A lot of hair loss treatments focus on two things:
1. Keeping the hair in the anagen (growth phase) for longer by increasing growth factors involved in maintaining the anagen phase
2. Preventing the hair from shedding by blocking transforming growth factors, which transition hair follicles from anagen to catagen (resting)
I previously mentioned quite a bit about the growth factors that help maintain the anagen phase: VEGF, FGF7, EGF (and there are others).
Hair loss treatments that belong to the second category attempt to inhibit transforming growth factors such as TGFbeta2.
It’s hypothesised by some researchers that the androgen hormone DHT increases TGFbeta2 in the hair follicles:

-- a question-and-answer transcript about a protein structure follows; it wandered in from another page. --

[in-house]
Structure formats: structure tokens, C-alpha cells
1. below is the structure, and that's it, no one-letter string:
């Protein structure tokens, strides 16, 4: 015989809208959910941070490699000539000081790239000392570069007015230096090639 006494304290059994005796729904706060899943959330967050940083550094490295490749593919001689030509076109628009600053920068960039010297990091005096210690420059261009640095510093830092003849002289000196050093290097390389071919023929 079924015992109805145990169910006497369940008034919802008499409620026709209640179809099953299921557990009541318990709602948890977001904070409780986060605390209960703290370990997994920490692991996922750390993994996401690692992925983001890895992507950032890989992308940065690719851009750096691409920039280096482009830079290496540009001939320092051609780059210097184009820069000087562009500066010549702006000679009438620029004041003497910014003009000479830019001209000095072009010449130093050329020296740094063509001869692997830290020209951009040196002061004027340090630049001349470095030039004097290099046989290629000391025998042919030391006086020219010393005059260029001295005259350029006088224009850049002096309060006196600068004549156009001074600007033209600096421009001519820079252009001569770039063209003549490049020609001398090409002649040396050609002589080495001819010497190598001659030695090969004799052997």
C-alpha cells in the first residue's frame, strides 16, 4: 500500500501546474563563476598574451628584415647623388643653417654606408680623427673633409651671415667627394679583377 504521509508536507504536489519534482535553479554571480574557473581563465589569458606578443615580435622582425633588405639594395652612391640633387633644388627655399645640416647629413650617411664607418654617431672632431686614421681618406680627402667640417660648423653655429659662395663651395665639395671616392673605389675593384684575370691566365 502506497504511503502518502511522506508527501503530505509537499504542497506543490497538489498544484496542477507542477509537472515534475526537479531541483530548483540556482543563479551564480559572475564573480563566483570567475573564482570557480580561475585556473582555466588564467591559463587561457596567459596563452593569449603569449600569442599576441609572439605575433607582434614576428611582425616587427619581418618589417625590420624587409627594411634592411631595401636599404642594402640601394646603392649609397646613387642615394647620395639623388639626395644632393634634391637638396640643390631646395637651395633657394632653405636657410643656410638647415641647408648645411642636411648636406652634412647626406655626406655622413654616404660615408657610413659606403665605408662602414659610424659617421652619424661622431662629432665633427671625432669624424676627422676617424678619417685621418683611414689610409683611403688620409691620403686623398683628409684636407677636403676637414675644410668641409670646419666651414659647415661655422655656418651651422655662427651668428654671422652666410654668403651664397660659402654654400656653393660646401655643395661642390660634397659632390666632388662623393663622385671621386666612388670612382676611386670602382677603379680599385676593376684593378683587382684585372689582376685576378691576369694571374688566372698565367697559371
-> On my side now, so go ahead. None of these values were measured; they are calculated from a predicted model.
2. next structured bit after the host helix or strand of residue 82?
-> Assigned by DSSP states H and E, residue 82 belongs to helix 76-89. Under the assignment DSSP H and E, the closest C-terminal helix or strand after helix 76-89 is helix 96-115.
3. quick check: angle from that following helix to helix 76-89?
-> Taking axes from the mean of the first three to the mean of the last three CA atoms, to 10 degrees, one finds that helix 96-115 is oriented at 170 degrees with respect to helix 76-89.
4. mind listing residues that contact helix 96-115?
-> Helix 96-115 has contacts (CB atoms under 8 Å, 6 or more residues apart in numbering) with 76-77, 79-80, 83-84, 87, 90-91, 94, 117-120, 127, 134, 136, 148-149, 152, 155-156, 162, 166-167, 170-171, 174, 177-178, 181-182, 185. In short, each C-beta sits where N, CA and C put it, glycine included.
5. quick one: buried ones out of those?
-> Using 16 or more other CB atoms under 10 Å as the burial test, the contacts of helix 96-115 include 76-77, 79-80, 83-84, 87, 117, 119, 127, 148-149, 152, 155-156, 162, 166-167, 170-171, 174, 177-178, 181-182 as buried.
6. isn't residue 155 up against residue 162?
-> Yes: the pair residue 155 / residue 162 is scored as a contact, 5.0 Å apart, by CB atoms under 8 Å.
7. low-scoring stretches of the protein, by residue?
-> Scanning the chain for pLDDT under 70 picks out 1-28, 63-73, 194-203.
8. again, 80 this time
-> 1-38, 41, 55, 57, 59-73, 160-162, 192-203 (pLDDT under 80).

At the initiation, dihydrotestosterone (DHT) stimulates synthesis of transforming growth factor-beta2 (TGF-beta2) in dermal papilla cells. TGF-beta2 suppresses proliferation of epithelial cells and stimulates synthesis of certain caspases. Then TGF-beta2 triggers the intrinsic caspase network and subsequently epithelial cells are eliminated through apoptotic cell death.
In my next update I’ll be explaining why DHT increases TGF, how you can reduce scalp TGF and if you really want to reduce scalp TGF.
How to reduce scalp TGF
Topical Oleanolic acid-->
Curcumin is a plant extract, taken from turmeric. It has shown several potential applications in the treatment of disease — particularly in the reduction of inflammation. One study found curcumin inhibited TGF-beta1 in human epidermal keratinocytes (HaCaT). See below:
treatment of HaCaT with the TGF-beta1 inhibitor, curcumin, resulted in a concentration-dependant decrease in TGF-beta1 expression